The Legacy of Mountain Top Removal

Jun 3, 2015

Credit Photo by Matt Wasson, Appalachian Voices.

The decline of coal mining is a blessing to some and a curse to others. And when it comes to what’s known as ‘mountain top removal’ the disagreement runs even deeper. Appalachia is ground zero for this form of surface coal mining. And while it’s only a small percentage of all coal mining, opponents are calling for it to stop.

“Appalachia has so much potential, but we can’t realize that potential if we continue to poison our water and destroy our mountains."

This short video produced by the environmental advocacy group, Appalachian Voices, frames the issue with vivid, time-lapse drone footage of mountain top removal coal mining and the voices of local citizens who live near the mines.

"They blow of the top of the mountain, actually they blow it to smithereens and then they take everything that they have blown up and then dump it into the valley below."

The Environmental Protection Agency has the authority to prohibit this controversial valley fill by denying the companies permits. That’s according to Thom Kay, legislative associate for Appalachian Voices.

"What that means for us is the EPA has the ability to say no to pretty much any large new mountaintop removal mine.  They can stop it in its tracks during the permitting process. Unfortunately, they haven’t been doing that," says Kay.

Coal advocates say permits for mountain top removal require companies to restore the blast sites.  President of the Virginia Coal and Energy Alliance, Harry Childress says the flattened mountain tops can be put to productive use in a region where level land is scarce.

"I’ve heard figures in a couple counties, probably like Wise and Dickenson County combined, that 7,000  acres of hay land and pasture have been created by surface mining and this wouldn’t have been done, couldn’t afforded to have been done," says Childress.

The Lonesome Pine Airport sits on a former mountaintop removal site. And Childress argues, this kind of mining can spur economic development in the region, making way for parks, shopping malls and the like.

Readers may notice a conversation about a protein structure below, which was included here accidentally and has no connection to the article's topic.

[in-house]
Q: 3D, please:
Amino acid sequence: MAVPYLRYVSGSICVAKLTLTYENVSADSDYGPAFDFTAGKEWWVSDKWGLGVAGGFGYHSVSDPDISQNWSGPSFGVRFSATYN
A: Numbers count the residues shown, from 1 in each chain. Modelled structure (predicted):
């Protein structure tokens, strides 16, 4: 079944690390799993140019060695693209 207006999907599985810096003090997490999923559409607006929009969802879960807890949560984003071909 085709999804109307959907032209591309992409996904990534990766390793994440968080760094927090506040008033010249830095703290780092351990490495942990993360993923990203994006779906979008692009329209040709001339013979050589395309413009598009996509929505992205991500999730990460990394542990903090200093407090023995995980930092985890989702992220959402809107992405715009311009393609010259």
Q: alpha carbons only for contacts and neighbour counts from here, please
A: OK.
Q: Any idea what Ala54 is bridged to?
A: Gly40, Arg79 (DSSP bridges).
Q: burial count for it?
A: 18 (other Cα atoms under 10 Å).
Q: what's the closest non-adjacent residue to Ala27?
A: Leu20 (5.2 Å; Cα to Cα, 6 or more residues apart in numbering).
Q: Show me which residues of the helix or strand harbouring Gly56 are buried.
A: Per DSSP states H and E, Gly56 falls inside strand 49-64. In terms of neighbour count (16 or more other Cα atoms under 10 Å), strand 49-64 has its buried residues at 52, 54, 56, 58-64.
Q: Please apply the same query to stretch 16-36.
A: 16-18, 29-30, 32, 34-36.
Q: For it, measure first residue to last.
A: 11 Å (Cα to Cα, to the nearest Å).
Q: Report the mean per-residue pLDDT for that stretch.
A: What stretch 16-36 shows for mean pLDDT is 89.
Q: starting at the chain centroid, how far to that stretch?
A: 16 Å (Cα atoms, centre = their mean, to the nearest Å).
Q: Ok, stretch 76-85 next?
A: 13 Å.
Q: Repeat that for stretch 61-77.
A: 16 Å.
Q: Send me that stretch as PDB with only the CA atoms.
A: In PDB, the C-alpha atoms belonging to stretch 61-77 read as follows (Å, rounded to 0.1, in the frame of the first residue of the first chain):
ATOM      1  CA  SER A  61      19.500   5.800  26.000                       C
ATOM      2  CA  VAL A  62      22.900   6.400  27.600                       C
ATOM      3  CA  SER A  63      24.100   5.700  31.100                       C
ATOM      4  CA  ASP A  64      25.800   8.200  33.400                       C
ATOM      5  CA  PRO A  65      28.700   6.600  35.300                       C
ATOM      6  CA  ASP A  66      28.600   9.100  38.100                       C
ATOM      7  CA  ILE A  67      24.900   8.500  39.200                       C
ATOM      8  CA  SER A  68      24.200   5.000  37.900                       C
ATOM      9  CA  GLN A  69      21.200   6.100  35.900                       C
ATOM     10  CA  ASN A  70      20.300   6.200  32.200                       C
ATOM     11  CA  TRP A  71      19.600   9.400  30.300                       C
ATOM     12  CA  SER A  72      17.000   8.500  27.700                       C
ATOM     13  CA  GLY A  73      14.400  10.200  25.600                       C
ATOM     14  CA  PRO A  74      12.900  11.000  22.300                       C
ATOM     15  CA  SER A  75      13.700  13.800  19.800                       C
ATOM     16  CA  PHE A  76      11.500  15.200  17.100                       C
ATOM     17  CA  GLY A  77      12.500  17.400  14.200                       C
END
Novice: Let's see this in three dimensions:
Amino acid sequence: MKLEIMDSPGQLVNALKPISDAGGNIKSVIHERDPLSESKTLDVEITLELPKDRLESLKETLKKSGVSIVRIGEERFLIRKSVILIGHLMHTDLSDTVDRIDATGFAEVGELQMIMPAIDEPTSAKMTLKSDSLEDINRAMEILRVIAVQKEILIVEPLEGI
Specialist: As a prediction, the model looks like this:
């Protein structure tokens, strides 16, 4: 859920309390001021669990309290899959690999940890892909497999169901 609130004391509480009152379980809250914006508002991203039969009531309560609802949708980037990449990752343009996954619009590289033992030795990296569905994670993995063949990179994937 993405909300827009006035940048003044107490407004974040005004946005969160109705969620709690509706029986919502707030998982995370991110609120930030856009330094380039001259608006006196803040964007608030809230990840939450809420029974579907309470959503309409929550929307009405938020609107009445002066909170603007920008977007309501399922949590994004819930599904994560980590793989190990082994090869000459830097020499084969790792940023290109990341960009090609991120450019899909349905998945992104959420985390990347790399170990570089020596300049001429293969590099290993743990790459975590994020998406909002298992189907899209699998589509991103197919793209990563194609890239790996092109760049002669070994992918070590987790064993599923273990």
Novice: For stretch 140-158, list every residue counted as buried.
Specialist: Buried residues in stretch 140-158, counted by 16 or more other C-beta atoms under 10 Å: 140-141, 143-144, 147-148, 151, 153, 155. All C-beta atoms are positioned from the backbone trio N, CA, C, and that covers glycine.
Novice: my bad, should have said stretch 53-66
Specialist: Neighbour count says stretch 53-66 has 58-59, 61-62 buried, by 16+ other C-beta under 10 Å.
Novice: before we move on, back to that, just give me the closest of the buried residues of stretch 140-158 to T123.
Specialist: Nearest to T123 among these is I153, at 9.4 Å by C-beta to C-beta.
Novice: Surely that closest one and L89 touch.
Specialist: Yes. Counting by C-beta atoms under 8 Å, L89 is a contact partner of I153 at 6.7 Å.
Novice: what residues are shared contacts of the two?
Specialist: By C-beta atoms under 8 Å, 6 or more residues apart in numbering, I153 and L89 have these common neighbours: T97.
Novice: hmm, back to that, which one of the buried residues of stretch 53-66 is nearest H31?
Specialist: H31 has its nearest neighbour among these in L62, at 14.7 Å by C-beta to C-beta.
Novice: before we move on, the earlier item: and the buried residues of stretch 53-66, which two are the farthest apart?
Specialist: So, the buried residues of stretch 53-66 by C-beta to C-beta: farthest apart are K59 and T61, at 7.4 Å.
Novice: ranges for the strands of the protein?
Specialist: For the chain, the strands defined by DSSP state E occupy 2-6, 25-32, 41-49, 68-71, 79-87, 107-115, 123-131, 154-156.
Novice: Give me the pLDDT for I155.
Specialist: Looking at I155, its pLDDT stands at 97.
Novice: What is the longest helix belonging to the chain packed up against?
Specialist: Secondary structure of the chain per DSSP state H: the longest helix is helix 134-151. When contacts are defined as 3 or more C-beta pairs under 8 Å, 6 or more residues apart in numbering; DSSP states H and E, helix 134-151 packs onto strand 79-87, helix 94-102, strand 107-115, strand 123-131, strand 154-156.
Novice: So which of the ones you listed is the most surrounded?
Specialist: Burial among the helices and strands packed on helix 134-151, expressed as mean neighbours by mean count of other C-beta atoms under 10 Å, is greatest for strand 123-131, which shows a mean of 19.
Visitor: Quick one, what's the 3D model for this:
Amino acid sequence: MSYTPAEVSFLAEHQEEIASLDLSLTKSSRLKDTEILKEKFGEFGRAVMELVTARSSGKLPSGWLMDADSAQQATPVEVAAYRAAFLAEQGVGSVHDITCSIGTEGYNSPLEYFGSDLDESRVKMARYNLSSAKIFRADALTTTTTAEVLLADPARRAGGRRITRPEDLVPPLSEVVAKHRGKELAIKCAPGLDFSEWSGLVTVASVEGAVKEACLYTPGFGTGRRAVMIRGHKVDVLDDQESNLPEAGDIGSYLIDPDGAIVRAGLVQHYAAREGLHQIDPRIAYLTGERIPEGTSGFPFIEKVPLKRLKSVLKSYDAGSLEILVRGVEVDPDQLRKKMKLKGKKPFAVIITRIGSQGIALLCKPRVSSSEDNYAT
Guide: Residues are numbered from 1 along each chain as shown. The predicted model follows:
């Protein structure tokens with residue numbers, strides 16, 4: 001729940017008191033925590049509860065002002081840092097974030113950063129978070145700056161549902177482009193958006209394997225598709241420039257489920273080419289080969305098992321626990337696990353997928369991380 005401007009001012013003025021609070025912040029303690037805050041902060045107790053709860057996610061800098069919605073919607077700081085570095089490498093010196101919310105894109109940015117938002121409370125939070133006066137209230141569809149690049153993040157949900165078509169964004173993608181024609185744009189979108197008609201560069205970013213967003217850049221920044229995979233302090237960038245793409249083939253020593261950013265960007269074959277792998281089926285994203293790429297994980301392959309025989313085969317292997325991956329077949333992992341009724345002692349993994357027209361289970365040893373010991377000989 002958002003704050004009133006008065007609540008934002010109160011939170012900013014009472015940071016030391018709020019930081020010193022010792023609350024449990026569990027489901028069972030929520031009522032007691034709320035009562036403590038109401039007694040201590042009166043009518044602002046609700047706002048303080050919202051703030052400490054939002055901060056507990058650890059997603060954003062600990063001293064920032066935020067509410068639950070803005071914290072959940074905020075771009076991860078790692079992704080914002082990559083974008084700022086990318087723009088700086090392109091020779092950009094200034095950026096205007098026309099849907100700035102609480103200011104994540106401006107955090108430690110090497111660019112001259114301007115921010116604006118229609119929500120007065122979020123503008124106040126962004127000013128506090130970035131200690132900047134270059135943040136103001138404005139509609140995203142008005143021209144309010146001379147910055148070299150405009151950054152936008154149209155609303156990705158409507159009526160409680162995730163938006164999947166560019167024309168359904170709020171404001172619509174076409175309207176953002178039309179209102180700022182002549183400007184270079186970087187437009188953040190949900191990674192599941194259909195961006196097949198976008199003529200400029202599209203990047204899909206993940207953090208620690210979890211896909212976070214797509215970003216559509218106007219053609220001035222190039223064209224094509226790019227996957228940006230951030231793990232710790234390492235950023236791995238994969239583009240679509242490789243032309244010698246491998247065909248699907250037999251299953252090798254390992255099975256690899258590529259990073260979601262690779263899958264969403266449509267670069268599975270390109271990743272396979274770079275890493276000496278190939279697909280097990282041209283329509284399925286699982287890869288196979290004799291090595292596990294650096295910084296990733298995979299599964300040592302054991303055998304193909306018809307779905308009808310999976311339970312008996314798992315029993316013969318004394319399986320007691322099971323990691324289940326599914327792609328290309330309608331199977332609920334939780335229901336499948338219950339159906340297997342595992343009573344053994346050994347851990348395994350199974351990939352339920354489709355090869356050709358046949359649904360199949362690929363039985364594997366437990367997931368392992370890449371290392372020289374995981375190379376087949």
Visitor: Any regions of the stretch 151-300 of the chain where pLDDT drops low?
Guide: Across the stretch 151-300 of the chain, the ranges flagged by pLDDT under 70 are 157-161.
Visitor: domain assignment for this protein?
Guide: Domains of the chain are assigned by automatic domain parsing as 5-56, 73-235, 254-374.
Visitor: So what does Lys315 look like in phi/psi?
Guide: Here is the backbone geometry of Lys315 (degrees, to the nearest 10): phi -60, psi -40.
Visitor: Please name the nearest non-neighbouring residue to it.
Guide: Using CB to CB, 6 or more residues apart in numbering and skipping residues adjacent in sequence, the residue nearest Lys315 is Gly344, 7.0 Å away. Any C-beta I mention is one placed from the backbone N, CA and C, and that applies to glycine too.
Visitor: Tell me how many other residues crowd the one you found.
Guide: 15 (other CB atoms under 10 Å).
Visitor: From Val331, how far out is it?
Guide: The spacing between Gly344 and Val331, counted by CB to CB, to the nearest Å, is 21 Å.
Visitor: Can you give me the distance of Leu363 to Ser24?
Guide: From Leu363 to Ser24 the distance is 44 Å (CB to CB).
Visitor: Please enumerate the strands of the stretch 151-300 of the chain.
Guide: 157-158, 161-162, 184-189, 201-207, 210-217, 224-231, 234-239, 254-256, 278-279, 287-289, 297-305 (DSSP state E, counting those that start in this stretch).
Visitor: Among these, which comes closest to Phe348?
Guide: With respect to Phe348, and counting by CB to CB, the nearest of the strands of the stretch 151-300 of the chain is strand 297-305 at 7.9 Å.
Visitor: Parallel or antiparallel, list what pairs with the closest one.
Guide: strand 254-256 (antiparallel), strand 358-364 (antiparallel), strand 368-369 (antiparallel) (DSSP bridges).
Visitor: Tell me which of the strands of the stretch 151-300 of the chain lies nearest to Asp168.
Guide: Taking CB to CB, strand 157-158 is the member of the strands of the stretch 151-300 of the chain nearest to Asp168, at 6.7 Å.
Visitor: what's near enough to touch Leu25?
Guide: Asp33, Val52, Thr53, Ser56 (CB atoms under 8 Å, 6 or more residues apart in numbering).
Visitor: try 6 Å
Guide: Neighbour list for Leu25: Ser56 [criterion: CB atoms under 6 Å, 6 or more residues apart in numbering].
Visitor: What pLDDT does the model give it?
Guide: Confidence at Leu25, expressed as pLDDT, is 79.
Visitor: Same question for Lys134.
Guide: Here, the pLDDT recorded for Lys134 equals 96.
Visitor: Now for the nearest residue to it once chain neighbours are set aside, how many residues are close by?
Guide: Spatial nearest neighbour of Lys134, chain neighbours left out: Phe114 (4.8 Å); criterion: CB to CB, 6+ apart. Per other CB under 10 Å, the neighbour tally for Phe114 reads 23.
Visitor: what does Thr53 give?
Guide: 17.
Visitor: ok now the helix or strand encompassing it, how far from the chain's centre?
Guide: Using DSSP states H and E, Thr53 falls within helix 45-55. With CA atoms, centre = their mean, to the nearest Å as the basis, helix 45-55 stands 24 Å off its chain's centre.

"If we want to put something like that in, we have mountains to move and you can’t afford possibly to move that mountain.    The way that gets done is by mining that area, recovering the minerals, and then reclaiming it to a post mining land use that’s approved when your permit is approved," says Childress.

"There are certainly cases where companies have done a really thorough job of reclamation, they’ve done their best and they have tried to bring back some life to an area that they have already destroyed.  But they don’t always do that, they often leave these mines sitting for years and years and years.  Hobet Mine in West Virginia has been there for a decade they've been mining that area, and it still looks terrible and it’s so massive but as long as they're mining on one part of it, they can leave the rest to be ust a moonscape. And a lot of the time they just fail to ever do a good job," says Thom Kay.

How do you transition away from coal in a way that’s both respectful to the men that have made this their life’s work, but also without denying that there’s some problems?

Coal accounts for about 39%  of the country’s electricity and a good percentage of the jobs in Appalachia’s coal mining regions. But mountaintop removal mining evokes the strongest negative outcry by environmental and community advocates.  They worry many people think this sort of mining is no longer being done. Even though the practice has declined in recent years, Appalachia is one of the few places it still is.

To see the video on mountain top removal made by award winning videographer, Trip Jennings, produced in partnership with Appalachian Voices and support from Patagonia click here.